I've been a flakey blogger, reader, and commenter lately. First there was the big move, and before I could even get fully recovered from that, all sorts of other stuff started happening. Once the dust settles I'll fill you in on all the details, but for now just imagine several of the major life events happening simultaneously; that's my life at the moment. For the record though, I am NOT pregnant. And NEVER will be. Yesterday's reader question was most definitely made on behalf of someone other than myself!
Since I'm on that subject, allow me to share something that really gets under my skin*. I'll start by saying that I am child-free by choice, and in fact I've known pretty much since I was a child myself that kids just weren't my thing. For years I've put up with random people, some of whom barely know me, lecturing me on how I'll change my mind. I've put up with new parents insinuating about all the wonderousness I'm missing out on and how a woman really isn't a woman until she's a mother. I've even put up with doctors who flat out refused to consider giving me a tubal ligation, and one who even told me he would require my then-husband's PERMISSION to get one. I wish I were kidding.
What I will NOT put up with, however, is the parents who say things like this: "Oh, it must be nice to be able to go out to dinner" or, "Gee, it must be nice to treat yourself to new clothes and a pedicure." Yes, in fact it IS nice. But it's not like this was some big secret that the rest of the world hid from prospective parents, and frankly it's not my fault that other people made choices in life that required certain sacrifices which perhaps they weren't prepared for.
The implication in statements like these is that I chose my path simply for selfish, frivolous indulgences such as pedicures or a new pair of shoes, and that because I shirked the important job of parenting, I have time for silly pleasures. And that implication really pisses me off. I chose not to have children for a variety of very personal and very well-considered reasons. That I also get to enjoy my free time and indulge in some of the finer things in life is great too, but if I'd had a real drive to have children, none of those things would've mattered; I'd have made the appropriate sacrifices and not whined about it to people who didn't. We all make our own choices in life, and we should be supportive of each other regardless of how those choices might be different from our own. Not having children comes with its own set of sacrifices too, not the least of which is a general lack of understanding from the rest of the world.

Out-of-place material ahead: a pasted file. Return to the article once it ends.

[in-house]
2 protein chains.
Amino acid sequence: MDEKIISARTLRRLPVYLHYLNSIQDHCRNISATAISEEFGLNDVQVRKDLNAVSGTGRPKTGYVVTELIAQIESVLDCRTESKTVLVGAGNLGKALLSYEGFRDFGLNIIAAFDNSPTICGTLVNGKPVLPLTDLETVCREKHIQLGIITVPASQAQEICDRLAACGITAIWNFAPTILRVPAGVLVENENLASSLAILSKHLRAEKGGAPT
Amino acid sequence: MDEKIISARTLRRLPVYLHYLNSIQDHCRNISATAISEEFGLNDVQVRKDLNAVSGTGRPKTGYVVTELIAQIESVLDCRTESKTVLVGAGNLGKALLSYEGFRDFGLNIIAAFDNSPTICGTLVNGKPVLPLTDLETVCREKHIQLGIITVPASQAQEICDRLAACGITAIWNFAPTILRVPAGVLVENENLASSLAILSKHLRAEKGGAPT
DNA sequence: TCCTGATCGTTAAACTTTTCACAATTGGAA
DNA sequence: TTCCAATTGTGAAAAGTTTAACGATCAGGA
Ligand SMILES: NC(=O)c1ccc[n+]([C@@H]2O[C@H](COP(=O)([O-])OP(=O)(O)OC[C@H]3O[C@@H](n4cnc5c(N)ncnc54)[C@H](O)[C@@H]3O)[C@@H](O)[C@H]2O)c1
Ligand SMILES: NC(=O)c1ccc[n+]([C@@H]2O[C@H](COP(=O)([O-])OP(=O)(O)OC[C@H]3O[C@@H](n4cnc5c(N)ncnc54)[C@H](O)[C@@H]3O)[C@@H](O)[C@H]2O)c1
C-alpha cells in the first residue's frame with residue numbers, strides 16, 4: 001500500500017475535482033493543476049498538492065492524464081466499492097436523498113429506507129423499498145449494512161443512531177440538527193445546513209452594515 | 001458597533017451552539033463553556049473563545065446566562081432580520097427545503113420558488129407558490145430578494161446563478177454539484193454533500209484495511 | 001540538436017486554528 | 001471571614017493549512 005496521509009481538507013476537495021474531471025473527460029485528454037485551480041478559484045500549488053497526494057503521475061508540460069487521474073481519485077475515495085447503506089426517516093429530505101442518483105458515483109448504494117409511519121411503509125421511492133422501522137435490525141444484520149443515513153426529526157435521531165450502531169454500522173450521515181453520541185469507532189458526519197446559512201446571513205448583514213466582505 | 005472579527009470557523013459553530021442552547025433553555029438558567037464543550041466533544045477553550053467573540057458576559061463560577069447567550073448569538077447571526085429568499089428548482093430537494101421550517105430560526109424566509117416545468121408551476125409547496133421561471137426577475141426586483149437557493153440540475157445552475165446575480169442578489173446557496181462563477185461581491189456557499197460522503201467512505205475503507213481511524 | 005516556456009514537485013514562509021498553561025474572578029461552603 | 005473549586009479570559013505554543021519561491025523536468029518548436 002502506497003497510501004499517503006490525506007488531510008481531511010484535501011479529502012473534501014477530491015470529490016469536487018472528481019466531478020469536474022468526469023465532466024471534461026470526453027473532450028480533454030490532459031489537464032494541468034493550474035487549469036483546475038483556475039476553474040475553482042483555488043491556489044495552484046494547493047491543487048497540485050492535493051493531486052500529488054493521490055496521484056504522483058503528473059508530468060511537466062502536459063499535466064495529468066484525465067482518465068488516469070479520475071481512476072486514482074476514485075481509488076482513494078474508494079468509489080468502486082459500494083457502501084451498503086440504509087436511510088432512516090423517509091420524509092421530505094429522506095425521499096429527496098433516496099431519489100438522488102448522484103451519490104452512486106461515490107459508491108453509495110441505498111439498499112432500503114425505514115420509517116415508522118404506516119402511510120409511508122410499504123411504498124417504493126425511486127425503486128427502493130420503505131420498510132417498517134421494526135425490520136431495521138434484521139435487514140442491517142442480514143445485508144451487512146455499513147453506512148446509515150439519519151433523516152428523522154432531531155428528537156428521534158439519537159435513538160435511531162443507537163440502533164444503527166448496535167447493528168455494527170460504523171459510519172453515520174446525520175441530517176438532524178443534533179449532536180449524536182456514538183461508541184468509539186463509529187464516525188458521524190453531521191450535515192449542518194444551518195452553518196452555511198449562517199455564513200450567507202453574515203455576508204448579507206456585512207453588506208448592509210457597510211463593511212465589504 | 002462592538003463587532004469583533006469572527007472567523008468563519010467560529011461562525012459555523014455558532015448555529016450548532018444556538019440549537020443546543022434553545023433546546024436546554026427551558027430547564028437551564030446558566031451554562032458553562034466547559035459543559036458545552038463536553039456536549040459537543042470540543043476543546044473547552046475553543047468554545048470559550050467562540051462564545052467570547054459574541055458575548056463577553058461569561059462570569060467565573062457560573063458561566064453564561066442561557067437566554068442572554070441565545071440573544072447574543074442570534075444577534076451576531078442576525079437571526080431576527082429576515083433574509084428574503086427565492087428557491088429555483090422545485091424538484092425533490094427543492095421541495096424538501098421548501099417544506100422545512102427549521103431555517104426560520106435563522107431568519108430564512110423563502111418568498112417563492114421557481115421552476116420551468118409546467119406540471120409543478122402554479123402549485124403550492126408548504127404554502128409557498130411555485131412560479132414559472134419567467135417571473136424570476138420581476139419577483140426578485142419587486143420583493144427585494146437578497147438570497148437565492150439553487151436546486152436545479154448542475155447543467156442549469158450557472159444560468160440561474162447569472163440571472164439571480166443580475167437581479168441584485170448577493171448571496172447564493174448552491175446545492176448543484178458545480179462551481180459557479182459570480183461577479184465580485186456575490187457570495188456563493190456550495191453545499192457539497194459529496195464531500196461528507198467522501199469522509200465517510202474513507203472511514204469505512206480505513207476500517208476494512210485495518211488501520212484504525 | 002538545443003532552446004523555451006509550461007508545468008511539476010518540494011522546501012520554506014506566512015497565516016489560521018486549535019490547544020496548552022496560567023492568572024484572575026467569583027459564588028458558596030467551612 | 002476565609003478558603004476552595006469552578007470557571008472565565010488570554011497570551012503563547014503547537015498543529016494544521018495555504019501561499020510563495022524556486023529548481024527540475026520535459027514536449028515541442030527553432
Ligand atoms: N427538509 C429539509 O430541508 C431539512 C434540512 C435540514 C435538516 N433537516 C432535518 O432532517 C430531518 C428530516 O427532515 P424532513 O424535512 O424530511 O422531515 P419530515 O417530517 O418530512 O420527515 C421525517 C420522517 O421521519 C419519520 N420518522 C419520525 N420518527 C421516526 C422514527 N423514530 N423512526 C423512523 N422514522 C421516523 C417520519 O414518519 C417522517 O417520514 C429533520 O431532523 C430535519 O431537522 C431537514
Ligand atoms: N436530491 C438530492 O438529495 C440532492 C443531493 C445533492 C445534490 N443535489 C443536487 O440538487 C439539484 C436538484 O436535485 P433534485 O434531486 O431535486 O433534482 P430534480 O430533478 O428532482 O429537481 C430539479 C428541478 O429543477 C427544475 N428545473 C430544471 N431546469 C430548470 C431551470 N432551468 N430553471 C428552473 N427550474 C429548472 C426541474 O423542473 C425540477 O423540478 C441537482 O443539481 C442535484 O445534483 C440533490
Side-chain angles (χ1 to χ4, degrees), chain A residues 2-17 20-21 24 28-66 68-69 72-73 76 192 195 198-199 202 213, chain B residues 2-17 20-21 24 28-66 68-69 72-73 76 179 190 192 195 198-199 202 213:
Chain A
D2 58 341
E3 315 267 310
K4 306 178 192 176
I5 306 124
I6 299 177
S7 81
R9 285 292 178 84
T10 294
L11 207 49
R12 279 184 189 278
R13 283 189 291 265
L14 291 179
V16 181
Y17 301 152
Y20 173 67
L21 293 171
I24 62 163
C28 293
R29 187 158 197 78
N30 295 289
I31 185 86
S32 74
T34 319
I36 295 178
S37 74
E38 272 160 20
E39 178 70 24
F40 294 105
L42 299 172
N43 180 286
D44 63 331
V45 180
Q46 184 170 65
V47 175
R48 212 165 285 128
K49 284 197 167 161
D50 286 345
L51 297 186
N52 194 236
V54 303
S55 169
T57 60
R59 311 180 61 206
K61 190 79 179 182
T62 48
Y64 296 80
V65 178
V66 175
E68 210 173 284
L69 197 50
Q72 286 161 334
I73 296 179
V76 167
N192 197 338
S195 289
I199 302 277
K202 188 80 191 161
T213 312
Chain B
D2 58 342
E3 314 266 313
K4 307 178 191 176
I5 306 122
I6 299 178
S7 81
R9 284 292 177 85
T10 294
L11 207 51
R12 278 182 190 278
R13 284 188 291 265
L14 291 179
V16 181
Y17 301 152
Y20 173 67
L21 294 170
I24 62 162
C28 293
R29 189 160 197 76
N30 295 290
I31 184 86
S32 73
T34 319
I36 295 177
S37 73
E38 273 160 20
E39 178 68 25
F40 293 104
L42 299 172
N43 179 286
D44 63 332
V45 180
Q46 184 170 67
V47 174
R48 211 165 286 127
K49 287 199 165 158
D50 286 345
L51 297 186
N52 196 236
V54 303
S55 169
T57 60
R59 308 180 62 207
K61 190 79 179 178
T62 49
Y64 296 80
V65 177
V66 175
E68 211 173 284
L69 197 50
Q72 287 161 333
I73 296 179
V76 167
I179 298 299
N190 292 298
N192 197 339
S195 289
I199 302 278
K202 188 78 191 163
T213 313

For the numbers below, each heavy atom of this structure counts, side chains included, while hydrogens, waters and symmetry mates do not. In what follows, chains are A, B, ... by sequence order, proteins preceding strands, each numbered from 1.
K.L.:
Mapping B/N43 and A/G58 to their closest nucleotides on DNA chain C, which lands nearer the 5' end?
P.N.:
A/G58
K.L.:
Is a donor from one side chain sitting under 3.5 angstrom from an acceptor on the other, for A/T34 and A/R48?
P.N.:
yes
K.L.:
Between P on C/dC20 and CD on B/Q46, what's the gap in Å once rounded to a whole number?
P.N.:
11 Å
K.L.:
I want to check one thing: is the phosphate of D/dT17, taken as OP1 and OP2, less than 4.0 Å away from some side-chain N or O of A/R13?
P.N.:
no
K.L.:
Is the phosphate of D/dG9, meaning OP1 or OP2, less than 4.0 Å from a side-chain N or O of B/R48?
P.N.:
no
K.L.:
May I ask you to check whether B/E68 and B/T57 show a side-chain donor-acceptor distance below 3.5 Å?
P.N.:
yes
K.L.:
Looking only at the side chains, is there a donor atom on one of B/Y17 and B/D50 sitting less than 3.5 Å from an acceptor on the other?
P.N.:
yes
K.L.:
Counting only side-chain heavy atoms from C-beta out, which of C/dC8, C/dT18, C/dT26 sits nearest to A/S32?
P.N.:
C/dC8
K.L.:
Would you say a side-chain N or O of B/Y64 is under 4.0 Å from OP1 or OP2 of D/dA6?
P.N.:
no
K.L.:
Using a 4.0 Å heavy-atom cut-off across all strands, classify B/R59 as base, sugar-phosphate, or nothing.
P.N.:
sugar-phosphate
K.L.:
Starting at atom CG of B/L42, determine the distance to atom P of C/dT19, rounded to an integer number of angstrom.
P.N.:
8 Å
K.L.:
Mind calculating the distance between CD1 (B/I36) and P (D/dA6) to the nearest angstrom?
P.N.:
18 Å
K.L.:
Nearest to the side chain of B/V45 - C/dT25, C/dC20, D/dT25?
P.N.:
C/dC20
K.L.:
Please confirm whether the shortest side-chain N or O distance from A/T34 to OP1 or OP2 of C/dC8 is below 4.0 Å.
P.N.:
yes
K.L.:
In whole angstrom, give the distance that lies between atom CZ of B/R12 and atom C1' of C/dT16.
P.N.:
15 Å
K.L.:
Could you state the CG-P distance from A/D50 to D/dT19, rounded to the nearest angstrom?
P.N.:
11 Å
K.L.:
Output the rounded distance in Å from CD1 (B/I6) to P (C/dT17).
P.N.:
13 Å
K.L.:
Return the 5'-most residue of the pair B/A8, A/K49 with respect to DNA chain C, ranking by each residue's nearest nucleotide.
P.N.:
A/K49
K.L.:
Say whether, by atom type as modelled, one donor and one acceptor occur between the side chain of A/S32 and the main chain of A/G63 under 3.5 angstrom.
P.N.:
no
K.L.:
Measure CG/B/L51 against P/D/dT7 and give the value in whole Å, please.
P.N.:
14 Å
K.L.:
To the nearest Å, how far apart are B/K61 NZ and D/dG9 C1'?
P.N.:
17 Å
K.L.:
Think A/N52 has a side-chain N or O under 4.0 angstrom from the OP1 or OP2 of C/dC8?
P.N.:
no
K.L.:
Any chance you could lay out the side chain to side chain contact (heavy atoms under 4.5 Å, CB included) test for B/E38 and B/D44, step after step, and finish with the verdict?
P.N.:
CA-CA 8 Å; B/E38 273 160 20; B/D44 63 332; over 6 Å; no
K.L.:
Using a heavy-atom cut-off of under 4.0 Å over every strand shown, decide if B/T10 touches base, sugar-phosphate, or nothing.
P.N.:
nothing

Living child-free means living in the minority. And it takes a certain bravery and self-awareness to willingly put yourself there, to be sure. So just as we can admire the women who are loving, committed mothers (and I do!), so should we admire and support the women who choose a different path. Us non-mothers have plenty to offer the world too, besides just buying up its shoes.
Top: La Redoute
Green slip: All Saints
Skirt: LA Made
Shoes: John Fluevog
*Please note, this post is not in any way related to yesterdays' reader question or in fact to anyone who comments on this blog, it was just something that's been on my mind lately and which I was reminded of by all the talk about pregnancy.